A resident assistant, or RA, is a trained student leader whose duty is to supervise students living in the residence halls. The RA selection and training process is usually intense and quite rigorous. The RA position is very demanding and time consuming. You’ll be expected to sacrifice your weekends to cover duty shifts. You’ll spend part of your summer in RA training. You’ll be the first to arrive on campus and the last to leave. Some residents won’t like you because you enforce the rules, but it’s your job. Being an RA means being left out of many residential activities for fear of “having an RA around.”
There are benefits to taking an RA position. These benefits vary greatly from school to school and may include a single residence hall room (for assured privacy), parking permits, financial compensation/stipends, meal plans, and/or significant discount on room-rate (including full compensation). Most important are the intangible benefits. As an RA, you will do administrative duties – paperwork. These administrative skills will benefit you greatly in future jobs. Most jobs require a certain degree of record keeping. You will learn the importance of deadlines and how to handle confrontation – another skill employers will expect. RAs are often better prepared to make successful transitions from college to the job market, since they can demonstrate leadership training, management skills, and community involvement.
Pre-school training and on-going staff developments will teach you what you need to know to be an outstanding RA. Take time to think about your position, identify what you hope to accomplish, and prepare anything you can ahead of time. During training you will probably set goals for yourself and your floor. As you develop your goals, consider how you want to be perceived by your residents, how you want your floor to physically appear, what you want to get out of your RA experience, and what you want your residents to learn from living on your floor. Know in advance that with all the training in the world, you aren’t going to be able to handle every situation or conflict by yourself. You will have a support system to help you in all matters.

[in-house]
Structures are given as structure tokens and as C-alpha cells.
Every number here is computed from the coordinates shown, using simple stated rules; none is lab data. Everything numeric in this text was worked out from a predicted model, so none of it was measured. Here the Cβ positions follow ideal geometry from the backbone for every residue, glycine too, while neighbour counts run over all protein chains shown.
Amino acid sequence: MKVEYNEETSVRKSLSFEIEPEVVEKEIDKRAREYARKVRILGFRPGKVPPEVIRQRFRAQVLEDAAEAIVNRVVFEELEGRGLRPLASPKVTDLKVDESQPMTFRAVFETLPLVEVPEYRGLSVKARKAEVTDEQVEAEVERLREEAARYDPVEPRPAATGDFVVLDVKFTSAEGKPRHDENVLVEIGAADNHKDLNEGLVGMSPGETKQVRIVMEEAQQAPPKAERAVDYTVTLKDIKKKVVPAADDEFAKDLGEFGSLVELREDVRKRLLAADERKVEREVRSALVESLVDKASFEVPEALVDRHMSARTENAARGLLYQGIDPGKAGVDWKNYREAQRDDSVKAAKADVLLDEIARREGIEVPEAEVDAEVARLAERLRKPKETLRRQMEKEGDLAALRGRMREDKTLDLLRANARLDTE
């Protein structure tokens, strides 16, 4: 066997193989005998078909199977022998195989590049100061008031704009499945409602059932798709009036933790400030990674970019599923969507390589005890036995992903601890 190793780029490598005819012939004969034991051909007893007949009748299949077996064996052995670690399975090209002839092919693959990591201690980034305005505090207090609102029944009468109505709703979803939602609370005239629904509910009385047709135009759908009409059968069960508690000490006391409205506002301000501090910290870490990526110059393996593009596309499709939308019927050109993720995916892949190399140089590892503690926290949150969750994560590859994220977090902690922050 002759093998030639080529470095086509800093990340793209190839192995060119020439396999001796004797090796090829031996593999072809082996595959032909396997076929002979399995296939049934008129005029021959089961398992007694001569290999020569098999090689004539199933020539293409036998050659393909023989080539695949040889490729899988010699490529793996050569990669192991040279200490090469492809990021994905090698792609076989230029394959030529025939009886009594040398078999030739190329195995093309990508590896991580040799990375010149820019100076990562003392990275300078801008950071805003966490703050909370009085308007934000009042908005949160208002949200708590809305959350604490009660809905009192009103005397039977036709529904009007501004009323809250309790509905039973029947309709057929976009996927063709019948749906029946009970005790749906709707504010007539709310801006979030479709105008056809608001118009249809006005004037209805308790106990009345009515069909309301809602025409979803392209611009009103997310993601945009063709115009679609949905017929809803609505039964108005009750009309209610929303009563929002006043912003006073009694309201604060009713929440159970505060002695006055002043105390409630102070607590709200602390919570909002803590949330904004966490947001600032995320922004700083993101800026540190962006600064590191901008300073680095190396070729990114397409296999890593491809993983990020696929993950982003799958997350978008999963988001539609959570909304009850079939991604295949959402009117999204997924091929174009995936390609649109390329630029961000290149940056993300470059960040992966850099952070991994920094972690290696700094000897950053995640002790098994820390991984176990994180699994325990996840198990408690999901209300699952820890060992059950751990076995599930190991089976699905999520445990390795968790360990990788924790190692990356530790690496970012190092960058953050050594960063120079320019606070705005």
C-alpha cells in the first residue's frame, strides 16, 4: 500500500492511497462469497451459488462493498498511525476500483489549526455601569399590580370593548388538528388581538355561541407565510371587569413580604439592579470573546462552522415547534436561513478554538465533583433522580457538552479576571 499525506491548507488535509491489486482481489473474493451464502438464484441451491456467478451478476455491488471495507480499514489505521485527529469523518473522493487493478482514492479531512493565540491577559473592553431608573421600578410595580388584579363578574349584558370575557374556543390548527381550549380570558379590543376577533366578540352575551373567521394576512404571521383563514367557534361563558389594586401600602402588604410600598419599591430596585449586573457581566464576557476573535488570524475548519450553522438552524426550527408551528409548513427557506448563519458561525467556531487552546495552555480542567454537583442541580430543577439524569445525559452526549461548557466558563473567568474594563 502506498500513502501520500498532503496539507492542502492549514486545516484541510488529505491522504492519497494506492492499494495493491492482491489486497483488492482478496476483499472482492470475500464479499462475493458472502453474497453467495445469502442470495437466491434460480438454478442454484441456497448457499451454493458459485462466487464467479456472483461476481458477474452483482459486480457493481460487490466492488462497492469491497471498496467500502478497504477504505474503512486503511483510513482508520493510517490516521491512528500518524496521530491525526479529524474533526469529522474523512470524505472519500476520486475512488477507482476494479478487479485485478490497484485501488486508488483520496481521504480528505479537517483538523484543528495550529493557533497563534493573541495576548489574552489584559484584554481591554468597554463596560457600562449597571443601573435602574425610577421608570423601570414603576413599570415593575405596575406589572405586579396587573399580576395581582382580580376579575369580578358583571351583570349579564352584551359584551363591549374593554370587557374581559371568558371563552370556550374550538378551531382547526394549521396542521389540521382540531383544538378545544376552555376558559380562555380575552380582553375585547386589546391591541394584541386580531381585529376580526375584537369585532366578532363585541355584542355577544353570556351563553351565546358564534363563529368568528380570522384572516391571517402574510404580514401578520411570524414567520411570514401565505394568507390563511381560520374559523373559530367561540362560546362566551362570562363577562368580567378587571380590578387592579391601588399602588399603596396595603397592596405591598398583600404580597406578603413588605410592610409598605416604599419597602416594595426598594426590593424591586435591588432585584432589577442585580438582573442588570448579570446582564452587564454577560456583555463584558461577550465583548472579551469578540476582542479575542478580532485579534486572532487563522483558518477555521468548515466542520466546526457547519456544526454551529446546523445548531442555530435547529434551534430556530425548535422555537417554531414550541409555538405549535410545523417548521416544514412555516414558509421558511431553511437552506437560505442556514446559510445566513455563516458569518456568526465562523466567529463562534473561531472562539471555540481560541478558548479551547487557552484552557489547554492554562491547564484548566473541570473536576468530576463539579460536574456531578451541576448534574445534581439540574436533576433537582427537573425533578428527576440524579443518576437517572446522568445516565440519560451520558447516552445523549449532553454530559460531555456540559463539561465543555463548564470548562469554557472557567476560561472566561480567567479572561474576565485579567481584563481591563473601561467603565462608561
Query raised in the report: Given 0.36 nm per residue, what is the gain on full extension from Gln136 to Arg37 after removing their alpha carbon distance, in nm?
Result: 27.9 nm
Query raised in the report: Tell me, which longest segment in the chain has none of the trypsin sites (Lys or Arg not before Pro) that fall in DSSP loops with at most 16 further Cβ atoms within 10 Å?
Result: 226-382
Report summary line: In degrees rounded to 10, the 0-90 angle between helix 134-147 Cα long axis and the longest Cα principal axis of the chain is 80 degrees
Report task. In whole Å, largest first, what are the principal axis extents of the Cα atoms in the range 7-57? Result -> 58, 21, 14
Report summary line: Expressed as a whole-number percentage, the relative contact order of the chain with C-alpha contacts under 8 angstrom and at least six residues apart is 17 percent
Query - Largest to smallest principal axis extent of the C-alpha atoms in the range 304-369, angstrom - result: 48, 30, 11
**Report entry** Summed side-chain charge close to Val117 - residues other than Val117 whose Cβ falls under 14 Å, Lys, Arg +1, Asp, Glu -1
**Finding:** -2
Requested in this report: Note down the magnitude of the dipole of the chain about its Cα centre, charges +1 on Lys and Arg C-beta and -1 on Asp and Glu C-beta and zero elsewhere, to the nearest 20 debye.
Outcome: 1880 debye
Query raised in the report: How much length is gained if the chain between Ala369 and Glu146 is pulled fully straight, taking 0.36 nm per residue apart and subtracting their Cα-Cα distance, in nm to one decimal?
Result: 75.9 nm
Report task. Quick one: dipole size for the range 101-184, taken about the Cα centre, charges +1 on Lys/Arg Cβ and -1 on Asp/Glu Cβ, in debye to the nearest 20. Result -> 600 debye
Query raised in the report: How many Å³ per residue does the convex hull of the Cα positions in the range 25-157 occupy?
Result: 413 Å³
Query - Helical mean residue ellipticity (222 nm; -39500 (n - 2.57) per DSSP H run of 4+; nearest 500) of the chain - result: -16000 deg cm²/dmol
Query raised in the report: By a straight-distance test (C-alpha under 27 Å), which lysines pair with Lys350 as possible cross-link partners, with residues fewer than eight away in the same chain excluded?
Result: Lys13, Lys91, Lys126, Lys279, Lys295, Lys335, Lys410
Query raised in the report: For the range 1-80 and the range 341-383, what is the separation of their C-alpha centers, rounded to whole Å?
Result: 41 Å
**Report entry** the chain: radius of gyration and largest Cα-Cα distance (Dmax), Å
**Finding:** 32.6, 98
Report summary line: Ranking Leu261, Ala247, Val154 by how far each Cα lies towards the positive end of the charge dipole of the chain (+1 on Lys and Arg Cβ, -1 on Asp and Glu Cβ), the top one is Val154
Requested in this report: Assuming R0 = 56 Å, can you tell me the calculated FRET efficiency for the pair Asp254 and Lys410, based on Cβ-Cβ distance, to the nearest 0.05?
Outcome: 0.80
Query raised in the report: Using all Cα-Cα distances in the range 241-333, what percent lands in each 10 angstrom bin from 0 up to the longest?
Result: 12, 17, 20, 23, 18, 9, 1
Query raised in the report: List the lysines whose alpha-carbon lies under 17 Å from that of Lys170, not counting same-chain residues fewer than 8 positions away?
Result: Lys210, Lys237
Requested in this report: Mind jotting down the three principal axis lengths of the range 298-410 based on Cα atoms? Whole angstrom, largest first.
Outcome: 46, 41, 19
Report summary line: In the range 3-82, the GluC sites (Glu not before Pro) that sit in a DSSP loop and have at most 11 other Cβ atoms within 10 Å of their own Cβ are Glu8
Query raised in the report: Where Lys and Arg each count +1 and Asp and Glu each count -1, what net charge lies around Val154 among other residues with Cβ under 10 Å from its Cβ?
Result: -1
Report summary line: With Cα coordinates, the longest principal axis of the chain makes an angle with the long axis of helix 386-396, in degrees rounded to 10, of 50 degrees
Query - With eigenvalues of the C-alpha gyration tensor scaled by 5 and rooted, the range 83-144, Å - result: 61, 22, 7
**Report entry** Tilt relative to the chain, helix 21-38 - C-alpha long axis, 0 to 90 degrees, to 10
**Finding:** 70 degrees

RAs are typically assigned “duty” periods where they will be expected to make rounds in the residence or staff the front desk. You will make sure that institutional policies are observed, and ensure that the residence hall is an environment supportive of the educational pursuits of the students. An RA is expected to be available to offer support for students encountering issues such as roommate conflicts, alcohol or drug abuse, and depression on a daily basis. You will be required to plan and facilitate events (often called Programs) for the residents in order to enhance the living community within the residential hall. These programs can take almost any form – community service projects, social events, educational programs, or skill building. You will be trained in CPR and emergency procedures.
How do you know if an RA position is for you? A few questions to ask yourself are:
As an RA, you should know your residents. As human beings we all have the desire and need to belong. Knowing your residents does not mean that you need to be able to detail their life stories, but it does mean that you should be friendly and show interest in their lives. It’s simple, but it matters. You should respect your residents. There will be residents whose personalities do not mesh well with yours. There will be residents that have behavioral issues. There will be residents that decide that they do not like you for the mere fact that you are an RA. It is important to separate someone’s disrespectful actions from the person, who we should respect. Respecting a person does not mean that you agree with their position or that you even understand it. Respecting a person that you have difficulty with raises your character above any reproach possible. It’s the small things in life that represent respect: knowing someone’s name, being cordial, acknowledging that he or she may be different than you, listening, and basic courtesy. Every RA should know when to say no and know when to admit they don’t know the answer (and then get the answer).
Being an RA has many advantages – both financial and personal. If you get into the position and absolutely love it, you may want to consider a career in student affairs or student development.
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